Author: Dr. Roberto Cristescu

Minimally invasive dentistry has already been a validated concept in the last decades of dental practice, all over the world. Especially the preventive dentistry and the restorative dentistry have been up until now the leading forces of minimalistic approach in the dental care patients were receiving.

Endodontic pathology is at current state belived to be caused by the caries disease process or by cracks/fractures which either expose the dentinal tubules or even the pulp space itself. It is common sense to realize that the success of endodontic therapy (either with pulp survival in cases of vital pulp therapy or removal of the pulp tissue in cases of irreversible pulpitis or necrosis) is dependent on an as close as possible removal of the caries and crack lines which have caused the endodontic disease. Unfortunately, in the classical approach of the endodontic disease, without proper magnification and illumination tools, it is extremely hard and sometimes even impossible to really remove in vast majority the decay or the cracks present in the tooth strucure. And even in the cases when we were succeeding to do this, in some instances we were able to mange this by removing and destroying ourselves too much of healthy dental tissues.

Same pattern is seen at the pulp chamber level in the identification phase of the entries of the root canals and later, inside the root itself, in the early negociation of those root canal system. Here once again, healthy human dental tissue is removed in order to help us obtaining the so-called goals of the chemo-mechanical preparation of the root canal systems.

During the last 2 decades, once more and more dentists are using the dental operating microscope and also rotary systems of Ni-Ti (and nowadays even more specific thermally treated Ni-Ti alloys) we manage actually to save much more of the healthy tissue of the teeth while we are still able to perform the root canal treatment to the desired level, achieving the goals we have set for oursevles.

In this case presentation I will do my best to show and explain how I managed to treat an irreversible pulpitis case, caused by dentinal tublues exposure due to an external resorption process. I tried to perform the root canal treatment not only by minimaxing the shape and size of the access cavity, but actually leaving intact  a part of the roof of the pulp chamber. This type of design of access cavity is also known as truss access.

Clinical case

The patient was female, 51 years old, and presented herself with a lot of sponatenous pain in the mandibular right area. Mastication and ingestion of cold drinks made the pain much worse. The pain episdes started few months ago, but in the beginning were not very intense and manageable.

Her dentist did the consult, and after  the clinical and radiologica tests came to the proper diagnosis: irreversibile pulpitis due to external cervical invasive resorption. It was a proper decision to refer the patinet to an endodontic practice where we were able with the aid of the 3D CBCt scan to map the extent of the resorption and to assess if this tooth can still be saved.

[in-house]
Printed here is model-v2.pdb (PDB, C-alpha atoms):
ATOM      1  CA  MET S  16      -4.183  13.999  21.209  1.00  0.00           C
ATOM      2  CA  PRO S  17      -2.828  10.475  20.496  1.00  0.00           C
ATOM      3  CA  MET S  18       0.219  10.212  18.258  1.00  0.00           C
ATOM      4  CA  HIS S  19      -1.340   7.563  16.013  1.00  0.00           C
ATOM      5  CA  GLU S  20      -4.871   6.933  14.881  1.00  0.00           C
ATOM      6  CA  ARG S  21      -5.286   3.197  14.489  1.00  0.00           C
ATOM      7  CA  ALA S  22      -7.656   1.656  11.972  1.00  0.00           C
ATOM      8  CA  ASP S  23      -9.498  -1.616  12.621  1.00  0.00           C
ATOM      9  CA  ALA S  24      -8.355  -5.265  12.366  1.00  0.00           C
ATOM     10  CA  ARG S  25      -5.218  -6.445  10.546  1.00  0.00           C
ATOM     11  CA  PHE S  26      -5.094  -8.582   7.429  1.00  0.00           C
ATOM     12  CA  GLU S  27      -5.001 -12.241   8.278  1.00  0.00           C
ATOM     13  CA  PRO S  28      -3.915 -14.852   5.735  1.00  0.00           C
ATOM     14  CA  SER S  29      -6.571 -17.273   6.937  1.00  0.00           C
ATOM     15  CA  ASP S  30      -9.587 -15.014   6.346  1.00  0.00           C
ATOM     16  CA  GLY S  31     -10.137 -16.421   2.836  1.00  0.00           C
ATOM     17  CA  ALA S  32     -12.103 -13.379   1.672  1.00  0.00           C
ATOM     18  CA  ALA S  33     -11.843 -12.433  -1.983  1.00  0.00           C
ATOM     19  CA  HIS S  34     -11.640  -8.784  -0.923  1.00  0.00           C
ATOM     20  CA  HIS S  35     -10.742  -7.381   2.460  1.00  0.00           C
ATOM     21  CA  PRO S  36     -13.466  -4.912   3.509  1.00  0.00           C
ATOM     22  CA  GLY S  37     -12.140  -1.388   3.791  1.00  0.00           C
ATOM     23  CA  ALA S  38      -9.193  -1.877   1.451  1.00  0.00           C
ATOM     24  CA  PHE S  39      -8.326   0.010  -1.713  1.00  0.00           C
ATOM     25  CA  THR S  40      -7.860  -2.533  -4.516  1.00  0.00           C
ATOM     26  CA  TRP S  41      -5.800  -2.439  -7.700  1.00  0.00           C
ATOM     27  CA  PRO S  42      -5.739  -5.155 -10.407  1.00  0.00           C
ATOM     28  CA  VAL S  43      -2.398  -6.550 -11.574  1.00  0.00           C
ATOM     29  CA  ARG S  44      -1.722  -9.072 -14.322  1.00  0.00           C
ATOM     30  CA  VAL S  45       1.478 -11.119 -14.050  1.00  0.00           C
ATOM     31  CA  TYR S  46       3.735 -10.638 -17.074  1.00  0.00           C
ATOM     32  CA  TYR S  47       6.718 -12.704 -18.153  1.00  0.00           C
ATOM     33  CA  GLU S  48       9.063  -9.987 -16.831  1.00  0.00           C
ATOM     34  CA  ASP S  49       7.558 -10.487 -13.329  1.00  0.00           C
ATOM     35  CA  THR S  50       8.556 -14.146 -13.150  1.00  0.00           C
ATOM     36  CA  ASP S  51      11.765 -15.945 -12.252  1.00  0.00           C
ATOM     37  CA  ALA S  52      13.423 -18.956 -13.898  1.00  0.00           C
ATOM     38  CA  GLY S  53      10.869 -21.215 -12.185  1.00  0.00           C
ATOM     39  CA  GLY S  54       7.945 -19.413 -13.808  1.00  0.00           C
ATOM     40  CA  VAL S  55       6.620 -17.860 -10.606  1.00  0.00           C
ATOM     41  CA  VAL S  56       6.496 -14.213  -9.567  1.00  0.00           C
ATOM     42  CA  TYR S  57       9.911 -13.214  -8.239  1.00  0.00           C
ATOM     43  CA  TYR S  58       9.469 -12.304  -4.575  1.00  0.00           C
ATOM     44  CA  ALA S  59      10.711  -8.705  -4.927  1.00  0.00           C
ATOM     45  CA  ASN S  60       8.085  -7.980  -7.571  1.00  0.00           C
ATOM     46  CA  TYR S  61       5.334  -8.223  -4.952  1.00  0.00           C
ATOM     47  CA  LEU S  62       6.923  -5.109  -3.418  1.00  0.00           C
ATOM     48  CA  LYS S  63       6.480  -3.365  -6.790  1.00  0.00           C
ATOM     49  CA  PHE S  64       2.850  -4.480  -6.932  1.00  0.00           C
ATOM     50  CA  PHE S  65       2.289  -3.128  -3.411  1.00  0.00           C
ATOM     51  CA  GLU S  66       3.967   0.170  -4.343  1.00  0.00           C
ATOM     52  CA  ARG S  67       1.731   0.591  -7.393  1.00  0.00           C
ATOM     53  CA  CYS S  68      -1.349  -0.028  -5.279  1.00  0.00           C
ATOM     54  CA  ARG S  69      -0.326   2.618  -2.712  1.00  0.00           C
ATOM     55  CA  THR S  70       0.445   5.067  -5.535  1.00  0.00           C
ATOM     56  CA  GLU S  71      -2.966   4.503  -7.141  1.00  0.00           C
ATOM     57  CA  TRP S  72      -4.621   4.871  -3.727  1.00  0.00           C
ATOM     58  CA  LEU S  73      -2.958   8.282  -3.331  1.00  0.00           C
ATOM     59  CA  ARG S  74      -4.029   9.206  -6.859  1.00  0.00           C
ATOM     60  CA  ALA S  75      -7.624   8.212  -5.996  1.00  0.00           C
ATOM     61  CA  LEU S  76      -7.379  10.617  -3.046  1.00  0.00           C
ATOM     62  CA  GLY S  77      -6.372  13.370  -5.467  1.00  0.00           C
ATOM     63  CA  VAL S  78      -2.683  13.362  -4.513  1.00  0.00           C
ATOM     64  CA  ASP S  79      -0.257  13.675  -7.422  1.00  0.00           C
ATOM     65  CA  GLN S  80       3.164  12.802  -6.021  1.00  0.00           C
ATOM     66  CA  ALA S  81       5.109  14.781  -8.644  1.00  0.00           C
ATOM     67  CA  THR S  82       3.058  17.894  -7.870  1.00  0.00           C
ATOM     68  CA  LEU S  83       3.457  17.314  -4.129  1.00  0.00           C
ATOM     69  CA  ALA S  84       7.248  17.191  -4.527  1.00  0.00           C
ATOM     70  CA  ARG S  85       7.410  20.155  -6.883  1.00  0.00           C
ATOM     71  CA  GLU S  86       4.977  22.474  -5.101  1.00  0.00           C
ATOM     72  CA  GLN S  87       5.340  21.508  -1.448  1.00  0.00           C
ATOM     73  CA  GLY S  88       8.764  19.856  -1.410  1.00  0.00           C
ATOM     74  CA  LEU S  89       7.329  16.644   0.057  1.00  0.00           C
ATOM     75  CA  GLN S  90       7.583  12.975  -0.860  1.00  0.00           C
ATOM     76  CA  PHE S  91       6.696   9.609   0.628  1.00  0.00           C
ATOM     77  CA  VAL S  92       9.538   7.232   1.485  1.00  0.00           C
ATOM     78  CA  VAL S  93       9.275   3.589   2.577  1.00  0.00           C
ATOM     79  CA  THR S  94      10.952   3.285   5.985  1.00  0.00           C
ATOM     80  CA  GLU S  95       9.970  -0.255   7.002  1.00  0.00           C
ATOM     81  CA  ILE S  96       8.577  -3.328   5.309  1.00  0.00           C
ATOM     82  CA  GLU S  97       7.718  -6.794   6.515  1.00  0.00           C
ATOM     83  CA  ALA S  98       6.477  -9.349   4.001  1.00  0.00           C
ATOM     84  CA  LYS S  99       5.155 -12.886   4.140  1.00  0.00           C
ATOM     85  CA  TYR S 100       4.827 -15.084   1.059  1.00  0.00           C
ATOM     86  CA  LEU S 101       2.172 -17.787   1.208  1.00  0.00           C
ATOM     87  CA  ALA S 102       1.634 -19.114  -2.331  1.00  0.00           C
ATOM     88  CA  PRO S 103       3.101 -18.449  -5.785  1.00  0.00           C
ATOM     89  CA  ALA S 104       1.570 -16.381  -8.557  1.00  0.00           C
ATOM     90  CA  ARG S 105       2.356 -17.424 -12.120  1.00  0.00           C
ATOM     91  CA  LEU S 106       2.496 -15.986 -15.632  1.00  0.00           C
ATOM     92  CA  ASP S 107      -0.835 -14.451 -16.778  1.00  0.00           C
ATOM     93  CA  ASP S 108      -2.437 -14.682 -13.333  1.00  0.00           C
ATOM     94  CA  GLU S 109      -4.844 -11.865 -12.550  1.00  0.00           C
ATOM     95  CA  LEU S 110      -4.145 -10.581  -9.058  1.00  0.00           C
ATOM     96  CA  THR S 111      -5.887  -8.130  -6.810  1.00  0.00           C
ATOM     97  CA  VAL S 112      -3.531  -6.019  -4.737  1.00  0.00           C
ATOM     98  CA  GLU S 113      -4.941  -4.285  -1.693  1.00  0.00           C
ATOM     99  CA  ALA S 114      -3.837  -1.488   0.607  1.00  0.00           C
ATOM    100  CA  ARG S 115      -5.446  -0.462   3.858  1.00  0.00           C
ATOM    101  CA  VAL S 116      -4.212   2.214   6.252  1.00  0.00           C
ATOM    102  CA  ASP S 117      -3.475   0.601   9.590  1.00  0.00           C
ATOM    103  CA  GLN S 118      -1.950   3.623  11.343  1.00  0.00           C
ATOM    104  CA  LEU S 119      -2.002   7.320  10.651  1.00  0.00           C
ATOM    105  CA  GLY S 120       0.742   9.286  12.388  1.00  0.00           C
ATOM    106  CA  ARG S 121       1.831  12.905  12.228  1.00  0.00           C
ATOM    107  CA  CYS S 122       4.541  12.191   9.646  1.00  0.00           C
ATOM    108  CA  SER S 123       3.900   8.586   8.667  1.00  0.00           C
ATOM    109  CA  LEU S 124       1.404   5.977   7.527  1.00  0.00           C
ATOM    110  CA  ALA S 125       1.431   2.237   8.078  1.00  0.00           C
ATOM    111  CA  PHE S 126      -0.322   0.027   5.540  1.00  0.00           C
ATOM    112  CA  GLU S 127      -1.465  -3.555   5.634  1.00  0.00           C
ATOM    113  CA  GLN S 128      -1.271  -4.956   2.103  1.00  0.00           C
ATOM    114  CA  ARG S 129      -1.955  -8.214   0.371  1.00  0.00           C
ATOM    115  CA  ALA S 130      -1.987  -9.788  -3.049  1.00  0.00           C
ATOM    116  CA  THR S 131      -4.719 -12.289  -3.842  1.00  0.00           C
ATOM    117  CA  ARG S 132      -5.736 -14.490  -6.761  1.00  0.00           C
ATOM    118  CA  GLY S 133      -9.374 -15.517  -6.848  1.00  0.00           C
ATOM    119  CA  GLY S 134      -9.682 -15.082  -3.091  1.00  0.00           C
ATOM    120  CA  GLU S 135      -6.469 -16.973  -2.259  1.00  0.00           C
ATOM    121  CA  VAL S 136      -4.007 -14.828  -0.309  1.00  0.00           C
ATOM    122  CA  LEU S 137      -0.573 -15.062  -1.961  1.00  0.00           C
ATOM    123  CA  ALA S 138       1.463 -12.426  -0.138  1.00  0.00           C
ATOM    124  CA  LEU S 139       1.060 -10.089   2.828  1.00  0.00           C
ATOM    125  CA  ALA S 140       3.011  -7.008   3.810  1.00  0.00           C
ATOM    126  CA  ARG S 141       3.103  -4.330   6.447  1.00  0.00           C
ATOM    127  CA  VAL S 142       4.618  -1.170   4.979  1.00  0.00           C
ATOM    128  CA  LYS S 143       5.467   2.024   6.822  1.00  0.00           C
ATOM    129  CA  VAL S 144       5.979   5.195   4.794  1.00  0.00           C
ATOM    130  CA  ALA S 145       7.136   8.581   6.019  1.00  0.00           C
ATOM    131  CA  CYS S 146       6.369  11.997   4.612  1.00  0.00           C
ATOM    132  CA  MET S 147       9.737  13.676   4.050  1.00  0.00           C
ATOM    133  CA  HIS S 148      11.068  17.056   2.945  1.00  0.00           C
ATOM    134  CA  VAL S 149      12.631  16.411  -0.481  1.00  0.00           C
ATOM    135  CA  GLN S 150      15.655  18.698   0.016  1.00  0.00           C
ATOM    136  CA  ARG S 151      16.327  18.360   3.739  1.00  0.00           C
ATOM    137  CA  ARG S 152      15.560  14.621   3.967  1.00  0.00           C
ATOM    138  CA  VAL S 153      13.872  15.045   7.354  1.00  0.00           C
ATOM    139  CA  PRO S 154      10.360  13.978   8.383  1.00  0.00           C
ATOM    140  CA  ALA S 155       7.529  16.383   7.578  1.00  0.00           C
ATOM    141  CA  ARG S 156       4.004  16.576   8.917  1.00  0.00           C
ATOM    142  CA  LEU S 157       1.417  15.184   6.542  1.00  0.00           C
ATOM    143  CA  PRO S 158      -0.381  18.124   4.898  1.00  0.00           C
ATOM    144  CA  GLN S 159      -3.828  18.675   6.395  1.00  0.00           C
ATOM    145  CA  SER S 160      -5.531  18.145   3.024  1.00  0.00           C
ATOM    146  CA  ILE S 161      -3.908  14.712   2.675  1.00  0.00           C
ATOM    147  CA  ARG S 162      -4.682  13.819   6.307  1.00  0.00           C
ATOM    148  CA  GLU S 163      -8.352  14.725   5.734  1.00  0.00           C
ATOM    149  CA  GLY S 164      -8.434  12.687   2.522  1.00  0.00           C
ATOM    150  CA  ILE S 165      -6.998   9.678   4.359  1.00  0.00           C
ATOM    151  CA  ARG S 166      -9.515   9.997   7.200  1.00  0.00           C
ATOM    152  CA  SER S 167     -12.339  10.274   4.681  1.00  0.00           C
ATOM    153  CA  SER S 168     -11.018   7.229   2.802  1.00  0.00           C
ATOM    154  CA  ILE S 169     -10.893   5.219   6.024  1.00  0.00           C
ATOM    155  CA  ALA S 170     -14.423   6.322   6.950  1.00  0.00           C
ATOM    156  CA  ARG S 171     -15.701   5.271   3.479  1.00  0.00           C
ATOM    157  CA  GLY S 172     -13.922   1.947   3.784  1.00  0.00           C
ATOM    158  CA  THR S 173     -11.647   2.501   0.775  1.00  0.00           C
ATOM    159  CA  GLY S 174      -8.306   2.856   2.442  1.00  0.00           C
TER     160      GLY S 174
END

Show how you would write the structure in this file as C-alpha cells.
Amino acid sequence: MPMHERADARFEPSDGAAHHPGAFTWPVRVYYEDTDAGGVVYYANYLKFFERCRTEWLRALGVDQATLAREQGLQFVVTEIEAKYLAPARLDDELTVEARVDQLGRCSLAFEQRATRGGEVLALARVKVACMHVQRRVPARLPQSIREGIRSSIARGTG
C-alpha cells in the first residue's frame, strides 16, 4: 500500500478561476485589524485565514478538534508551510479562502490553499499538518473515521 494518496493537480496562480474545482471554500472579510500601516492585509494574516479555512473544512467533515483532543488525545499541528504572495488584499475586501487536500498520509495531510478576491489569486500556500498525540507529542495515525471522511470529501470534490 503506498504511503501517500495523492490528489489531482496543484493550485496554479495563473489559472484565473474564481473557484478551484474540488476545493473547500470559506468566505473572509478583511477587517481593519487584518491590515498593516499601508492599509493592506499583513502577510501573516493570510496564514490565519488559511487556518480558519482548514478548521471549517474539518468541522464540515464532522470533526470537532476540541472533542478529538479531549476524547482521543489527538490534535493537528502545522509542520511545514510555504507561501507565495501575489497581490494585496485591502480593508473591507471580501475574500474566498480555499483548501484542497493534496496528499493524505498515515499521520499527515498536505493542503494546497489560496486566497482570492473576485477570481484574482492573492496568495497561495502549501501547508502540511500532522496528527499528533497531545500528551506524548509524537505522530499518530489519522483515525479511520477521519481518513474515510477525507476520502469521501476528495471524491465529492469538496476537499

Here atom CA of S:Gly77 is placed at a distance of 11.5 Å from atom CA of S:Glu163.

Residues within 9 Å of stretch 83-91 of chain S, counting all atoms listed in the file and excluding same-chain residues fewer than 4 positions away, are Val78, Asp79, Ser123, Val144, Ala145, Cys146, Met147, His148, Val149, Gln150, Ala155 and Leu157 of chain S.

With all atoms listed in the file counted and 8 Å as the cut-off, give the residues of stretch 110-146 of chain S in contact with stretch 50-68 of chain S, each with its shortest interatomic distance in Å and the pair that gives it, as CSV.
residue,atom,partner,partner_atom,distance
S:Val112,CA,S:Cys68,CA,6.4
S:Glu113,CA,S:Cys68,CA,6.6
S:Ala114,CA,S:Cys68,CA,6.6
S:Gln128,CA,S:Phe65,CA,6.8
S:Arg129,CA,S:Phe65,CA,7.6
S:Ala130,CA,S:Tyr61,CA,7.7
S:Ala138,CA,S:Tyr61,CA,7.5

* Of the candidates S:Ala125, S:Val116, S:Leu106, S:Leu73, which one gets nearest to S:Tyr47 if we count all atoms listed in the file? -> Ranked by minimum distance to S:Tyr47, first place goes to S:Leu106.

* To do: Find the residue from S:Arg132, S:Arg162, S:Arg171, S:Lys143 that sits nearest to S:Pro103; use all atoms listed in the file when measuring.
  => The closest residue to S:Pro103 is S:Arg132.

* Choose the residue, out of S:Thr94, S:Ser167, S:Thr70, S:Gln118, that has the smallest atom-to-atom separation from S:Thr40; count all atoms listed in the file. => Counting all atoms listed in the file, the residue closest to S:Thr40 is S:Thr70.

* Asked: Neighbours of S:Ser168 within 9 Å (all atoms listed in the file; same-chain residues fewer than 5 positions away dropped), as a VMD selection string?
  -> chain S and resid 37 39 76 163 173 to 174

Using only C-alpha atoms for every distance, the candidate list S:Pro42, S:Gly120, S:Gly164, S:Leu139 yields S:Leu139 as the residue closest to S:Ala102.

The CBCT analysis showed a class II Heitehrsay external cervical invasive resorption, which might still be treated and the tooth kept on the arch. Still, as it is always normal, the patient had received more options of treatment, in this particular case those were:
1. Saving the tooth while doing a root canal treatment, removing the resorption and then restoring the tooth;
2. Extraction. The patient chose option 2, and declared that she understood the treatment plan, and all the steps we are necessary to make in order to perform the treatment.

After an inferior alveolar block, we waited for the start of anesthesia effects and we confirmed profound pulp anesthesia using the cold test method.

We made the initial acces with a small access above the mesial part of the pulp chamber. The aim of this small opening was to be able to enter and negociate the mesial root canals. All the steps of the access cavity have been performed using the dental operating microscope. The shaping and irrigation part have been followed by drying of the 2 mesial canals and the obturation with guttapercha and sealer.

Then we started making the 2nd opening, above the distal root. The 2 distal root canals have been identified, negociated, shaped and irrigated.

After we finished those root canal treatment steps, we started the removal of the resorption tissue. In our case this sequence was possible cause there was not a lot of bleeding from the resorption tissue bursting in the pulp chamber and the distal canals.

We removed the resorption tissue with the aid of round high speed bur and a diamond ultrasonic tip. Afte the gross removal of the resorption tissue, the last part has been cauterised using trichlor acetic acid application for 5 minutes.

Then we dried the 2 distal root canals and we obturated them using guttapercha and sealer.

For coronal restoration we used a composite resin material and bonding system. We used the same material for filling under the roof of the pulp chamber, allthough another option would have been to place glassionomer cement (less hypothetical problems for light curing of the composite). The only issue with glassionomer cement is that it should be flowable enough to enter in the pulp chamber, under the truss part of the access cavity.

The whole treatment was performed in one visit.